Bishop Berkley said that “reality” is a set of inputs G-d feeds into our souls. In His compassion, he allows us to work together by giving us consistent worldviews with each other. Which is why when a tree falls in the forest and there is no one there to hear it, it makes no sound. But then, there is really no tree nor that part of the forest, either.
I don’t believe that.
The Tanya (the defining text of Chabad chassidus) says that the only thing that exists is G-d, then when we say “there is none but Him” we don’t just mean no other gods, but nothing at all else exists but Him. The Lurianic notion of tzitzum, Divine “withdrawal” to “make room” for the universe is deemed an illusion. Thus, the problem I’m avoiding by a judicious use of quotes, or throwing in a “so to speak”, they use to prove it can’t be real. G-d can’t really limit Himself. He gave us free will, and thus the illusion of being independent entities. And everything else we see that we think is independent is part of that illusion. It’s a different form of reality is all in our heads, in creating such a gap between the One Real “Thing” and the many things we think are there. In Chabad writings this is associated with “yeish meiAyin” (something from nothing, the Hebrew version of ex nihilo), which they would have to write with that capital “A”. From G-d’s perspective, He is the Yeish (Something), and everything else is ayin (nothingness). From without our illusion, He is the Ayin, and we are the yeish that comes from that nothingness.
Kant was less extreme. He spoke of the neumenal, that which is actually “out there”, and the phenomenal, the world as experienced. He believed there actually is a neumenal universe that lies behind what we do physics on, but we don’t really know what’s it’s like. E.g. he tried to prove that time and space are phenomena, not inherent.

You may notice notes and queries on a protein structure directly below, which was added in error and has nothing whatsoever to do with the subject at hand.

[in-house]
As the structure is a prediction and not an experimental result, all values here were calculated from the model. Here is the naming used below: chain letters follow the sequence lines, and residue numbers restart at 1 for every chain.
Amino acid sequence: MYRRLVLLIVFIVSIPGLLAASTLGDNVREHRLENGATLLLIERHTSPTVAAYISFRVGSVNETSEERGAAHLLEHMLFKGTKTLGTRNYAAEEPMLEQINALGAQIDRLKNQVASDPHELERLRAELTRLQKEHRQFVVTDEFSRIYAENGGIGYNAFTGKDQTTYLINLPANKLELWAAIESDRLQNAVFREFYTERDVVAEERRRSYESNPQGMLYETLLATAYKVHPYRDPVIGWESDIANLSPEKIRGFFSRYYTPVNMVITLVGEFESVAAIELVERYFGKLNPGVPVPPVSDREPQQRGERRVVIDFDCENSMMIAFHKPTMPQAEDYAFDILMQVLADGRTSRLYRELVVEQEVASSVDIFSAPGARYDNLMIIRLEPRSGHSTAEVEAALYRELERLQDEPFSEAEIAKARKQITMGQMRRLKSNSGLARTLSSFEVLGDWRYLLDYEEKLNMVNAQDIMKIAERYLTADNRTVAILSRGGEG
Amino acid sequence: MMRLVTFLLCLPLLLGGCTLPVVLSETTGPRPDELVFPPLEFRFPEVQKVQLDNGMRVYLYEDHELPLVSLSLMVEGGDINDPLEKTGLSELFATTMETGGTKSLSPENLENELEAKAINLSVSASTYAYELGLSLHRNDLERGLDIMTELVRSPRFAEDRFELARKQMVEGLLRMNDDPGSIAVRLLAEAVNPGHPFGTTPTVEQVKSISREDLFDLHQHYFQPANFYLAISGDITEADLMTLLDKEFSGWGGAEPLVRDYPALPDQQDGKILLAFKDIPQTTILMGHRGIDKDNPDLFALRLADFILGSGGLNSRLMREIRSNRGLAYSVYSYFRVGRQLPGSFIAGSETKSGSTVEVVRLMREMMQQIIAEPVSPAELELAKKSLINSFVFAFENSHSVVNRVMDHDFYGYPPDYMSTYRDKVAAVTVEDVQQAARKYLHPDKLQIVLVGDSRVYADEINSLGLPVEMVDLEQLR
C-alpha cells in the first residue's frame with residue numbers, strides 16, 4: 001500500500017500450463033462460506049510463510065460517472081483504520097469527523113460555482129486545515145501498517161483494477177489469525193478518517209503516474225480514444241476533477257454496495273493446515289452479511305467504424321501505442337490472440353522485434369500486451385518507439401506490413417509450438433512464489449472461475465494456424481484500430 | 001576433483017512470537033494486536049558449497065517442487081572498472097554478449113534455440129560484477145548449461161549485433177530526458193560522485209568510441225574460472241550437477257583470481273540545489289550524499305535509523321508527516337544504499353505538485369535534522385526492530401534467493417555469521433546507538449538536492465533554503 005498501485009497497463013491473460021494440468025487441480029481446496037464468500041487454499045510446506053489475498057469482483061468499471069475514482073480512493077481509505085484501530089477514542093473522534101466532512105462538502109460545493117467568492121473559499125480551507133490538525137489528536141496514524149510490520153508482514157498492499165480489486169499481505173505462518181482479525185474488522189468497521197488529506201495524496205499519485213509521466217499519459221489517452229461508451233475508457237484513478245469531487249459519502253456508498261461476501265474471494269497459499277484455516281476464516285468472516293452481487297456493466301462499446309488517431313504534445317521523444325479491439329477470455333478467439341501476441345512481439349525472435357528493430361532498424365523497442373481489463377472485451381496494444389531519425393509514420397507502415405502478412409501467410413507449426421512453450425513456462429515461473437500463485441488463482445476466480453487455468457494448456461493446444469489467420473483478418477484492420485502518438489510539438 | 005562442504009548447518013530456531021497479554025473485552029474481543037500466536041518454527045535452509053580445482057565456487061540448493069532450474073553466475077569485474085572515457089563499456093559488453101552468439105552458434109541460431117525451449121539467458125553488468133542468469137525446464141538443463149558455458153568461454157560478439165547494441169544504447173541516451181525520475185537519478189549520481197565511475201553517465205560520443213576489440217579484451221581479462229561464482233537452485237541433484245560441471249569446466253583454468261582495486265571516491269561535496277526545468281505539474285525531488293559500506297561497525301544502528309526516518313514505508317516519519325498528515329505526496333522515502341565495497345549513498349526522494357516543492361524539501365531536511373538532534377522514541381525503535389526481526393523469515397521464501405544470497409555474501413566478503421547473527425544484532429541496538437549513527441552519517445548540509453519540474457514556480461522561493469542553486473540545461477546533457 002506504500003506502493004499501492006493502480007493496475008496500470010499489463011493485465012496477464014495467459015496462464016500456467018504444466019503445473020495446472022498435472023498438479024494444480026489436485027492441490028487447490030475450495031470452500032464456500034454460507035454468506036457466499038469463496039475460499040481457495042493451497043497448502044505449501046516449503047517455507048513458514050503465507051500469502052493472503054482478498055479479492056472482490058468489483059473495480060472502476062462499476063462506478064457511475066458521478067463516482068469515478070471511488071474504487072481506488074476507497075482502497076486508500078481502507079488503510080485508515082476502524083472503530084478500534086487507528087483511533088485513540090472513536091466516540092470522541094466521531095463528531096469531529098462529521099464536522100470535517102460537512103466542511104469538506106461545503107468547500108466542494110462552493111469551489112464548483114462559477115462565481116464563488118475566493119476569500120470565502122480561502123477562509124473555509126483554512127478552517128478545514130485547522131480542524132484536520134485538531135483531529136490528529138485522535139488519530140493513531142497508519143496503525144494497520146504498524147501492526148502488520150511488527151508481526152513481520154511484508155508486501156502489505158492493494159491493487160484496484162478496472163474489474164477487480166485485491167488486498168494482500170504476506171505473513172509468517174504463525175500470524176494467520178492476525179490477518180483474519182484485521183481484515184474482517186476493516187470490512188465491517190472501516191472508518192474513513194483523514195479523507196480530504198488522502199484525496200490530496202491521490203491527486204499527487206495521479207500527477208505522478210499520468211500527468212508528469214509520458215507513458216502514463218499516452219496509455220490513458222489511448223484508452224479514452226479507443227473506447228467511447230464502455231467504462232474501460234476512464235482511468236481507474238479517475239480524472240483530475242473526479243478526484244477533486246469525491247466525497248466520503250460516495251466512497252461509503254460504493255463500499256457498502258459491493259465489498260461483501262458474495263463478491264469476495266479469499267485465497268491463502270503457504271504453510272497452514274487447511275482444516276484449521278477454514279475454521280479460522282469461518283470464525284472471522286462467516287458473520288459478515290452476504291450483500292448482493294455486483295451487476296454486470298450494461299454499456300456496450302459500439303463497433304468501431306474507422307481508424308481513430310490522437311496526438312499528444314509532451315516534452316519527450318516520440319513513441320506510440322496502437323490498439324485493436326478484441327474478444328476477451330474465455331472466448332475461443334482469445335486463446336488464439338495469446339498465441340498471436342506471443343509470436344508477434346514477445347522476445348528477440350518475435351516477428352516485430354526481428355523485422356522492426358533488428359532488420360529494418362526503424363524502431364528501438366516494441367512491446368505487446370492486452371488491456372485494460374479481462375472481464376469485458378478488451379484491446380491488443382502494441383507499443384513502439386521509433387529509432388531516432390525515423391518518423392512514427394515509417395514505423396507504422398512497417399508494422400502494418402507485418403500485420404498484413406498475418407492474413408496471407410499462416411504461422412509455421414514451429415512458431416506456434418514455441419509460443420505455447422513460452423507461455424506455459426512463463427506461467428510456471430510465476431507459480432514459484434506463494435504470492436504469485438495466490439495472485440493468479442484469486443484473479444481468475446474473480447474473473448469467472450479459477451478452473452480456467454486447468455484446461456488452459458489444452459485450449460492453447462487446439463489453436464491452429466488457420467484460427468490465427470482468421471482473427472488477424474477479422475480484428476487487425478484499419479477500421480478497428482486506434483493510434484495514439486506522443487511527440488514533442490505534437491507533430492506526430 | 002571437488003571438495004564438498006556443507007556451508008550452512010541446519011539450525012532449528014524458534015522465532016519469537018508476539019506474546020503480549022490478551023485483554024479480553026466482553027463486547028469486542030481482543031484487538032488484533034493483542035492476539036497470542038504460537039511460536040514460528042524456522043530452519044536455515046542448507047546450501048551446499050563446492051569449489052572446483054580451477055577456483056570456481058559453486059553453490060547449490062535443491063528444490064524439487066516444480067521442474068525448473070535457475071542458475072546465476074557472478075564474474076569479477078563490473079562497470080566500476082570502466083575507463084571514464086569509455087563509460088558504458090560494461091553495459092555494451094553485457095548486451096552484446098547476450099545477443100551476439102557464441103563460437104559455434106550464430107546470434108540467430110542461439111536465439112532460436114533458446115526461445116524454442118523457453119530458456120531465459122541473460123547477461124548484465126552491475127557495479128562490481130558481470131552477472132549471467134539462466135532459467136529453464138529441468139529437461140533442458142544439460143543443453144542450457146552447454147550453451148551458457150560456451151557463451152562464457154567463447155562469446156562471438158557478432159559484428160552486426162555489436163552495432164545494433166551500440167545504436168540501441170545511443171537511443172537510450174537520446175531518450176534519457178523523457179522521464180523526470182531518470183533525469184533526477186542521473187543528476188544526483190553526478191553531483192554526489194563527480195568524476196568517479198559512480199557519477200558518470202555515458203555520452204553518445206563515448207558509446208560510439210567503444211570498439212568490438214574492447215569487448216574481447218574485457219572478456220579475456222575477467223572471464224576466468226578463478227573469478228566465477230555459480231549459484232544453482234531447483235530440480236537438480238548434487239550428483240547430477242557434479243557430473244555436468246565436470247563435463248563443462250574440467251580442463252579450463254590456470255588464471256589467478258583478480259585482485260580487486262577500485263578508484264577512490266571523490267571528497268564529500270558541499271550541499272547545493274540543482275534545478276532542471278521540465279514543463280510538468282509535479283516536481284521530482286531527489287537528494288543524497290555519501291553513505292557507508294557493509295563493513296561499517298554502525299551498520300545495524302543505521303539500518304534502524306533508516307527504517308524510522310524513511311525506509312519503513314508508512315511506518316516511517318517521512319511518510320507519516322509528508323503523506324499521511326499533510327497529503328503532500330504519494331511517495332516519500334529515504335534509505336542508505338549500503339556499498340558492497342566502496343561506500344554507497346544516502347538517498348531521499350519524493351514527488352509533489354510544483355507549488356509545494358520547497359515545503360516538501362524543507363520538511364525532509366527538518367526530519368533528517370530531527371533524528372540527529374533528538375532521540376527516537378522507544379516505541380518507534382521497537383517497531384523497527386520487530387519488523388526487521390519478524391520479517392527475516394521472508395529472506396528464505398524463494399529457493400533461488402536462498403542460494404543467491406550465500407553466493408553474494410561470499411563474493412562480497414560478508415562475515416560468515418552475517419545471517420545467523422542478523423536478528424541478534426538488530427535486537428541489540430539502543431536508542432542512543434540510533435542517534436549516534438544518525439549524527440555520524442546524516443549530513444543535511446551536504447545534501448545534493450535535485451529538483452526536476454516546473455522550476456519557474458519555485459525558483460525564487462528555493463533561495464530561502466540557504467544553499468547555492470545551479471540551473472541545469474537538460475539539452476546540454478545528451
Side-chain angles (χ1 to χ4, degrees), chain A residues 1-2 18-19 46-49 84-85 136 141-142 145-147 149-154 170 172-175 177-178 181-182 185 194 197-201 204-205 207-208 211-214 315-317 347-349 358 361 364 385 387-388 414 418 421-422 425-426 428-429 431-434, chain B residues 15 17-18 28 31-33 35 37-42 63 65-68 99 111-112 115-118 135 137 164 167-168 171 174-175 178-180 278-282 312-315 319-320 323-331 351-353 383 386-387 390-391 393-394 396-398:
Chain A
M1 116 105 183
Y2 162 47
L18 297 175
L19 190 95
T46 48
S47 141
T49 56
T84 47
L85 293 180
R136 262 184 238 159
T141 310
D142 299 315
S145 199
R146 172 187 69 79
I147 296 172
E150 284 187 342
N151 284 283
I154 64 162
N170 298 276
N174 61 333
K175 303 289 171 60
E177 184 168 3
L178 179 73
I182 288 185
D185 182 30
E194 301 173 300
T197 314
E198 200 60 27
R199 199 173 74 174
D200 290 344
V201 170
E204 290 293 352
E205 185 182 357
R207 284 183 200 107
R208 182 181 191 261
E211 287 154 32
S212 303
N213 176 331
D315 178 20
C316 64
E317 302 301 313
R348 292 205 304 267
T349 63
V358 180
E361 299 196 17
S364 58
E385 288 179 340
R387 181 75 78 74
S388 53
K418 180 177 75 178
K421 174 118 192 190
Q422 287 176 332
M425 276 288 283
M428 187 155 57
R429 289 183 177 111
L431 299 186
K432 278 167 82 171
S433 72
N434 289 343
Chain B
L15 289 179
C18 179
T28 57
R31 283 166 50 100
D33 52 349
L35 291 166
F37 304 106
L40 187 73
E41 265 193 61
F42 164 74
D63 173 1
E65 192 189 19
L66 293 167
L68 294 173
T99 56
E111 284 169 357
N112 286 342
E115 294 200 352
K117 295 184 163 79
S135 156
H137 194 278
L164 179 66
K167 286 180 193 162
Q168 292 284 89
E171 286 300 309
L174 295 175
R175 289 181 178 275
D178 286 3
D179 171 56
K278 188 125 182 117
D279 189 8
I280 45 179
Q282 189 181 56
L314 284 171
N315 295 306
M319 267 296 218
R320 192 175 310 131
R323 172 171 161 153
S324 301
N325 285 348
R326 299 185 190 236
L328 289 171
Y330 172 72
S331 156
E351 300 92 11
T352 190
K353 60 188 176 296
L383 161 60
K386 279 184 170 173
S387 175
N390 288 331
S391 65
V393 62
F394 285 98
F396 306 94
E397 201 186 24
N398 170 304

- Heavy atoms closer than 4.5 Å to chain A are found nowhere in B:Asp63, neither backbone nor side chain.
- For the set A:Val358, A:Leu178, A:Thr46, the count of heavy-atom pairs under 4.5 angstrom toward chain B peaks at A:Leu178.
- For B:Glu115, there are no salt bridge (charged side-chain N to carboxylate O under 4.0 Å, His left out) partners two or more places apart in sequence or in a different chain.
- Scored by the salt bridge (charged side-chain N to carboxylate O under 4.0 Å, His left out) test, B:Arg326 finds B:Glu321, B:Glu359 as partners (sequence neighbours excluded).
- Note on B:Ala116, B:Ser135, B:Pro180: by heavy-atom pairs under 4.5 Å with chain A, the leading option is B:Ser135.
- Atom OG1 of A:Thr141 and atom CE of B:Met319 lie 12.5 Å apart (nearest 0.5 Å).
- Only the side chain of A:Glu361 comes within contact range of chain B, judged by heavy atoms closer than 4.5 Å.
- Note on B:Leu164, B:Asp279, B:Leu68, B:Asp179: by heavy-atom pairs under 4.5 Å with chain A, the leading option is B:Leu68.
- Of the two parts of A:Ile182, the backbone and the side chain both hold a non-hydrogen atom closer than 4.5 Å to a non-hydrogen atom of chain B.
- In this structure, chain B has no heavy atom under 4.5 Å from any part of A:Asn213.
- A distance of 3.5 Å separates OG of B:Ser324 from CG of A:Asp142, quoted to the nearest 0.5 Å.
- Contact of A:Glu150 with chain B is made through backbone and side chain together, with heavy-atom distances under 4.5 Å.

Esnst Mach (after whom they named the speed of sound) and Einstein took this one step further and used it to explain why science is possible. The latter often said, “the most incomprehensible thing about the world is that it is comprehensible”. How is it that our mind’s logic matches the world’s rules? Not just one the gross scale, which is obvious what shaped that mental logic was the ability to make sense of the events around us. But even in details like coming up with tensor calculus just a few years before it became the central way of expressing General Relativity? Science has gone well beyond the intuitive or that which would give a particular kind of mind more survival value. And yet we can still reason about the universe. Their solution: We are analyzing the phenomenological universe — the kinds of things we can measure and find patterns in is itself shaped by the structure of that mind as the theory created to explain it.
Rav Dessler has his own variant of this notion. He asserts that the flow of time is a phenomenon, created when man ate from the fruit, and his whole worldview became centered on desire, pursuit, and attainment (or frustration) — a time sequence. He uses that idea to discuss time during the week of creation; according to R’ EE Dessler, the concept is entirely incomprehensible, and one could give it any duration depending on how you look at it. It was literally a week, literally billions of years (but that’s a sadly materialistic perspective, in his opinion), and also literally the subsequent 6 millenia of human history. Doesn’t make sense? Right — neumenal time doesn’t fit how we think.
He has a similar approach to nature vs miracles. A person has to be very different than the norm, but he could reach the level where moral law defines his phenomenological universe more than physical law. Such a person experiences miracles. Even if it means someone else would experience a conflicting reality!
(My own position is along Rav Dessler’s lines, as you can tell from all the links to places where I discussed various elements of it in more detail.)